According to We Are Social‘s Mobbie Nazir all brands should have anti-hate policies visible on all their channels.
Here’s her insight:
Almost all brands choose to silence hate on social media by simply deleting hateful posts, such as racist or homophobic comments in response to ads that include more diverse family units or anti-Islamic replies to holiday campaigns where wider religious and racial diversity have been shown. Simply sweeping the problem under the carpet, however, does not make it go away. That’s not standing up for the issues represented because silence sounds like complicity and shows brands as being all about the ads rather than action itself—and action may be exactly what’s needed.
With a plan in place, an effective response can be possible and might even help your brand gain strength from the community by allowing a more positive voice and then amplifying it. Letting the community speak in this way firmly silences those who are negative, forcing them to leave the stage.
Her advice? Create your own anti-hate policy.
Here are some examples:
Do not post content that encourages, glorifies, incites, or calls for violence or physical harm against an individual or a group of people; likewise, do not post content that glorifies or encourages the abuse of animals. We understand there are sometimes reasons to post violent content (e.g., educational, newsworthy, artistic, satire, documentary, etc.) so if you’re going to post something violent in nature that does not violate these terms, ensure you provide context to the viewer so the reason for posting is clear.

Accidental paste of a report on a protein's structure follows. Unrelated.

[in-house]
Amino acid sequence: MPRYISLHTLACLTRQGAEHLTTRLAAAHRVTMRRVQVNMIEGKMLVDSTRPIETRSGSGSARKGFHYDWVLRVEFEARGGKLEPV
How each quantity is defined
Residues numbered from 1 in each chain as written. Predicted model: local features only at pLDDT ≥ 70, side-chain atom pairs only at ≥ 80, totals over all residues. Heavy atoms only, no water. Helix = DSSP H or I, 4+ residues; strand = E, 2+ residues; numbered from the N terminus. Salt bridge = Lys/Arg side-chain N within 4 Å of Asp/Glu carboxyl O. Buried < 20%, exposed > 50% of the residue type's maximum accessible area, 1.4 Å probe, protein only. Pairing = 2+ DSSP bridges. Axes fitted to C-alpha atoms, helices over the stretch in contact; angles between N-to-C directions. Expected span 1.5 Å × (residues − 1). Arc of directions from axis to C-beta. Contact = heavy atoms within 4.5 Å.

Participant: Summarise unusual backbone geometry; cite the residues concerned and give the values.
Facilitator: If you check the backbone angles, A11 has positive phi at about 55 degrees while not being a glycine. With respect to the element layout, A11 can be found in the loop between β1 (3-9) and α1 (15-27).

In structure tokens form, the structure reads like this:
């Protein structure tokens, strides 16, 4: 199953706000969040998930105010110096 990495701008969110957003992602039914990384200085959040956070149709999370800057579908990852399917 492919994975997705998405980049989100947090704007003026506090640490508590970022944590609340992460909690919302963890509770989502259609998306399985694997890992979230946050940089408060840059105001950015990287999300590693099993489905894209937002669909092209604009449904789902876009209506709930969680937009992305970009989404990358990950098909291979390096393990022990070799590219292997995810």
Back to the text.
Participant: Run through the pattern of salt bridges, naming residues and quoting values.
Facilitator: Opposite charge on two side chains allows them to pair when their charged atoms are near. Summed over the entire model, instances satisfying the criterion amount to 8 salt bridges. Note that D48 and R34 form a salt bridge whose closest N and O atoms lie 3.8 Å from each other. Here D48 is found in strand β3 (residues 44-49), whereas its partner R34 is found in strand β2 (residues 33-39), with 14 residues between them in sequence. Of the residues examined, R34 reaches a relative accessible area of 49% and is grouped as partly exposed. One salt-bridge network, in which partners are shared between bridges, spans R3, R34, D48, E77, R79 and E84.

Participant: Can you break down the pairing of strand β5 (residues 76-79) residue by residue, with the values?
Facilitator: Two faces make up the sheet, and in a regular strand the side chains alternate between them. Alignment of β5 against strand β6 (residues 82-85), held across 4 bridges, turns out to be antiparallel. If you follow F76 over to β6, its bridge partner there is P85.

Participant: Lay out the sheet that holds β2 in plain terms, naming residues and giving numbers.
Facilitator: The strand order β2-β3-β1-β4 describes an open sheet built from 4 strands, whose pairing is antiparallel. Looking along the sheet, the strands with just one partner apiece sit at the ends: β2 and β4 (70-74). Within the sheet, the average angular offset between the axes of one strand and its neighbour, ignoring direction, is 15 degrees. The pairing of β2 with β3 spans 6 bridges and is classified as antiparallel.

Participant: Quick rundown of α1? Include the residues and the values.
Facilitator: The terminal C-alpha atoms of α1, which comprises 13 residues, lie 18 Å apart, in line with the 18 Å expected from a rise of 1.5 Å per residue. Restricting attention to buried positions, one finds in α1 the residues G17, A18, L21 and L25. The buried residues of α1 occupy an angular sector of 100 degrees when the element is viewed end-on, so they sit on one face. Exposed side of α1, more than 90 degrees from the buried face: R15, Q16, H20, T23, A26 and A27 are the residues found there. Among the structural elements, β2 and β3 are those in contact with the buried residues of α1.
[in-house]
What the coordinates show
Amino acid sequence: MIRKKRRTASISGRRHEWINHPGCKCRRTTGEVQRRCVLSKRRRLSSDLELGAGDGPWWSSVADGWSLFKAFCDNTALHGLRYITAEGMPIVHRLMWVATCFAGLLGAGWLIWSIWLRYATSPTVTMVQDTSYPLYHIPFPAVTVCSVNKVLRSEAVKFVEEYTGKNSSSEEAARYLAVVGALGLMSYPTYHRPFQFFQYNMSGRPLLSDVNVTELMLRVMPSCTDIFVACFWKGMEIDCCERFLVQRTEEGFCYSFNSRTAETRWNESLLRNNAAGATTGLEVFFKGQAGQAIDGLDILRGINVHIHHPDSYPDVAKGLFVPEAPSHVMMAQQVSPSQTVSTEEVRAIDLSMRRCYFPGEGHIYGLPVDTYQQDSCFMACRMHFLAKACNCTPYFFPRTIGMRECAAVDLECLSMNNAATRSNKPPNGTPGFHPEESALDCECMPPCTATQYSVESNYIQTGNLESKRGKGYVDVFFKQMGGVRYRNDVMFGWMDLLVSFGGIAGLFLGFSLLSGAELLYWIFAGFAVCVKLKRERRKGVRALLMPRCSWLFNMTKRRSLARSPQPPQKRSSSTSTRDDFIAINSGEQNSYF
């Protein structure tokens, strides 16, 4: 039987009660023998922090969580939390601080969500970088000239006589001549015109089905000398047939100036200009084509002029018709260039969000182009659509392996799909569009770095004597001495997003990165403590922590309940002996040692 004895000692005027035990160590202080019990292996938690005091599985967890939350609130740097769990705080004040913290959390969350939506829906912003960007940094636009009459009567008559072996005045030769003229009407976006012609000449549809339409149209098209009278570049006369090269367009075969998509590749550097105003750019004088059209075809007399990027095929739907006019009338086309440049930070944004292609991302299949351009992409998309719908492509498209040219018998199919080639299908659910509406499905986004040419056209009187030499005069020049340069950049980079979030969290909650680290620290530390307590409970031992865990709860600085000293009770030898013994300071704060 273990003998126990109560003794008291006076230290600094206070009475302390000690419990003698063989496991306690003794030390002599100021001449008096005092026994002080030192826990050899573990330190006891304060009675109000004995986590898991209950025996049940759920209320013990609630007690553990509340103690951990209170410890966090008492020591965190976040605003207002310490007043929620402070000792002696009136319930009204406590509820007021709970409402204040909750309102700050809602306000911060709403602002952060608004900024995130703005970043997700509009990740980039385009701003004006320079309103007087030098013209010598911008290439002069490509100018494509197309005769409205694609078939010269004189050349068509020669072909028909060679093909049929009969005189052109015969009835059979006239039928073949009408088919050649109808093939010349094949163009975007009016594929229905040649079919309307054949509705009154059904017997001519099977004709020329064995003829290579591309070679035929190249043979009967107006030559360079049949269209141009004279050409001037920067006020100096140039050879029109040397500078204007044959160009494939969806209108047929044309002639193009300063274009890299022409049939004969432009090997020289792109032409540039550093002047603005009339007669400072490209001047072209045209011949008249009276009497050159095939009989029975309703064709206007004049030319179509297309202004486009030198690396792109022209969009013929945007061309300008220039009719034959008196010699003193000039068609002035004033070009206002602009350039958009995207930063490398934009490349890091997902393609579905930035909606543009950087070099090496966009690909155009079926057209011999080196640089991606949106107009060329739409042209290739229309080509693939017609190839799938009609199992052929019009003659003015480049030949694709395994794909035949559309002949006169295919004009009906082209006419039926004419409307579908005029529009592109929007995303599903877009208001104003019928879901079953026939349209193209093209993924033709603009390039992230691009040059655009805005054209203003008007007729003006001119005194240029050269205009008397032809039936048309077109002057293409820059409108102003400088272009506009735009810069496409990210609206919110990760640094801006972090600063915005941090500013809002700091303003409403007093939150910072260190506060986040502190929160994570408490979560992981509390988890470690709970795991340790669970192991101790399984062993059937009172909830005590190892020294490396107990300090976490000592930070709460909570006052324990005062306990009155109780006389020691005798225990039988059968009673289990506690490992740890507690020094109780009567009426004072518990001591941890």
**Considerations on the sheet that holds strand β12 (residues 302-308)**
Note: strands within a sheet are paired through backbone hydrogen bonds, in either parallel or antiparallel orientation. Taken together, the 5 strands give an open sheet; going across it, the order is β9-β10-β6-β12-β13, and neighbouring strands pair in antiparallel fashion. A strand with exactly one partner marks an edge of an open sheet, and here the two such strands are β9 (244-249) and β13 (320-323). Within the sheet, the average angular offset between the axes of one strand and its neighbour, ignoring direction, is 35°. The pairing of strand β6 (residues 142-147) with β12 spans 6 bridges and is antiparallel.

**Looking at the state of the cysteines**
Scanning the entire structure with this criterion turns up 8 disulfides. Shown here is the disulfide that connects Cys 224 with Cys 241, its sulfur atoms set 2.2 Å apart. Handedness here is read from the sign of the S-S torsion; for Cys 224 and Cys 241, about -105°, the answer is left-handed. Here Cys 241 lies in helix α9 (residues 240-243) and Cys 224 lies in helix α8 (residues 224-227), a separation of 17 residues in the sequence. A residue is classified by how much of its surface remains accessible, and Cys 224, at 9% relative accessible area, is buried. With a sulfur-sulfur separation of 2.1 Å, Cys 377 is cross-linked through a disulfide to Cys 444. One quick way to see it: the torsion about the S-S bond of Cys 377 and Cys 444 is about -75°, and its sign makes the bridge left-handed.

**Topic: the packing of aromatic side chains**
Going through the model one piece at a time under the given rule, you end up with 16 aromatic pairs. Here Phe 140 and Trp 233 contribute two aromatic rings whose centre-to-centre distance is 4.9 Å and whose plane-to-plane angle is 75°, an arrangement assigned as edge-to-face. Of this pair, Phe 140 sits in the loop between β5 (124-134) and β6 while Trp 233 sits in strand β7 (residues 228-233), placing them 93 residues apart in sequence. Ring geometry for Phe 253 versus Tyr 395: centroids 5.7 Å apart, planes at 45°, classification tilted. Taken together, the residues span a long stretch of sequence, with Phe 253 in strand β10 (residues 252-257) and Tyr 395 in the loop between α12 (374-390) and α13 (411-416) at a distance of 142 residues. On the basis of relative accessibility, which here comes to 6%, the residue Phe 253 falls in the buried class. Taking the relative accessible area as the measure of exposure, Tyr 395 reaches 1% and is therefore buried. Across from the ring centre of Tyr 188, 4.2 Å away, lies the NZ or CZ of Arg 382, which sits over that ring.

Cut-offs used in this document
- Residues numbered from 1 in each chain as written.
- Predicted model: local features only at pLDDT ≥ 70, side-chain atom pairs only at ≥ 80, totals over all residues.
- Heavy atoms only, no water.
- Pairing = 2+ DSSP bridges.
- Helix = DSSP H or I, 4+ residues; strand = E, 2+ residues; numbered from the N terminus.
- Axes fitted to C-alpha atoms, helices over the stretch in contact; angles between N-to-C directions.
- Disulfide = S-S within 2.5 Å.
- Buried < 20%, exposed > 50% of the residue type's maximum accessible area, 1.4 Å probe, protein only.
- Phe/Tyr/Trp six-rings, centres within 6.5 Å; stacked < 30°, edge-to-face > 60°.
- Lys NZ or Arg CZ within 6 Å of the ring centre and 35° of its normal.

If your content is borderline, please use a NSFW tag. Even mild violence can be difficult for someone to explain to others if they open it unexpectedly.
We encourage free speech and try to defend your right to express unpopular points of view, but we don’t permit hate speech.
Hate speech refers to content that promotes violence against or has the primary purpose of inciting hatred against individuals or groups based on certain attributes, such as:
- race or ethnic origin
- veteran status
- sexual orientation/gender identity
There is a fine line between what is and what is not considered to be hate speech. For instance, it is generally okay to criticize a nation-state, but if the primary purpose of the content is to incite hatred against a group of people solely based on their ethnicity, or if the content promotes violence based on any of these core attributes, like religion, it violates our policy.
Hate content is content that expressly and principally promotes, advocates, or incites hatred or violence against a group or individual based on characteristics, including, race, religion, gender identity, sex, ethnicity, nationality, sexual orientation, veteran status, or disability. We do not permit hate content on Spotify. When we are alerted to content that violates this standard, we will remove it from the platform. If you believe a piece of content violates our hate content policy, complete the form here and we will carefully review it against our policy. We are also continuing to develop and implement content monitoring technology which identifies content on our service that has been flagged as hate content on specific international registers.
Hateful conduct: You may not promote violence against or directly attack or threaten other people on the basis of race, ethnicity, national origin, sexual orientation, gender, gender identity, religious affiliation, age, disability, or serious disease. We also do not allow accounts whose primary purpose is inciting harm towards others on the basis of these categories.
Hateful imagery and display names: You may not use hateful images or symbols in your profile image or profile header. You also may not use your username, display name, or profile bio to engage in abusive behavior, such as targeted harassment or expressing hate towards a person, group, or protected category.
Let us know if your company has an online hate policy that’s making a difference.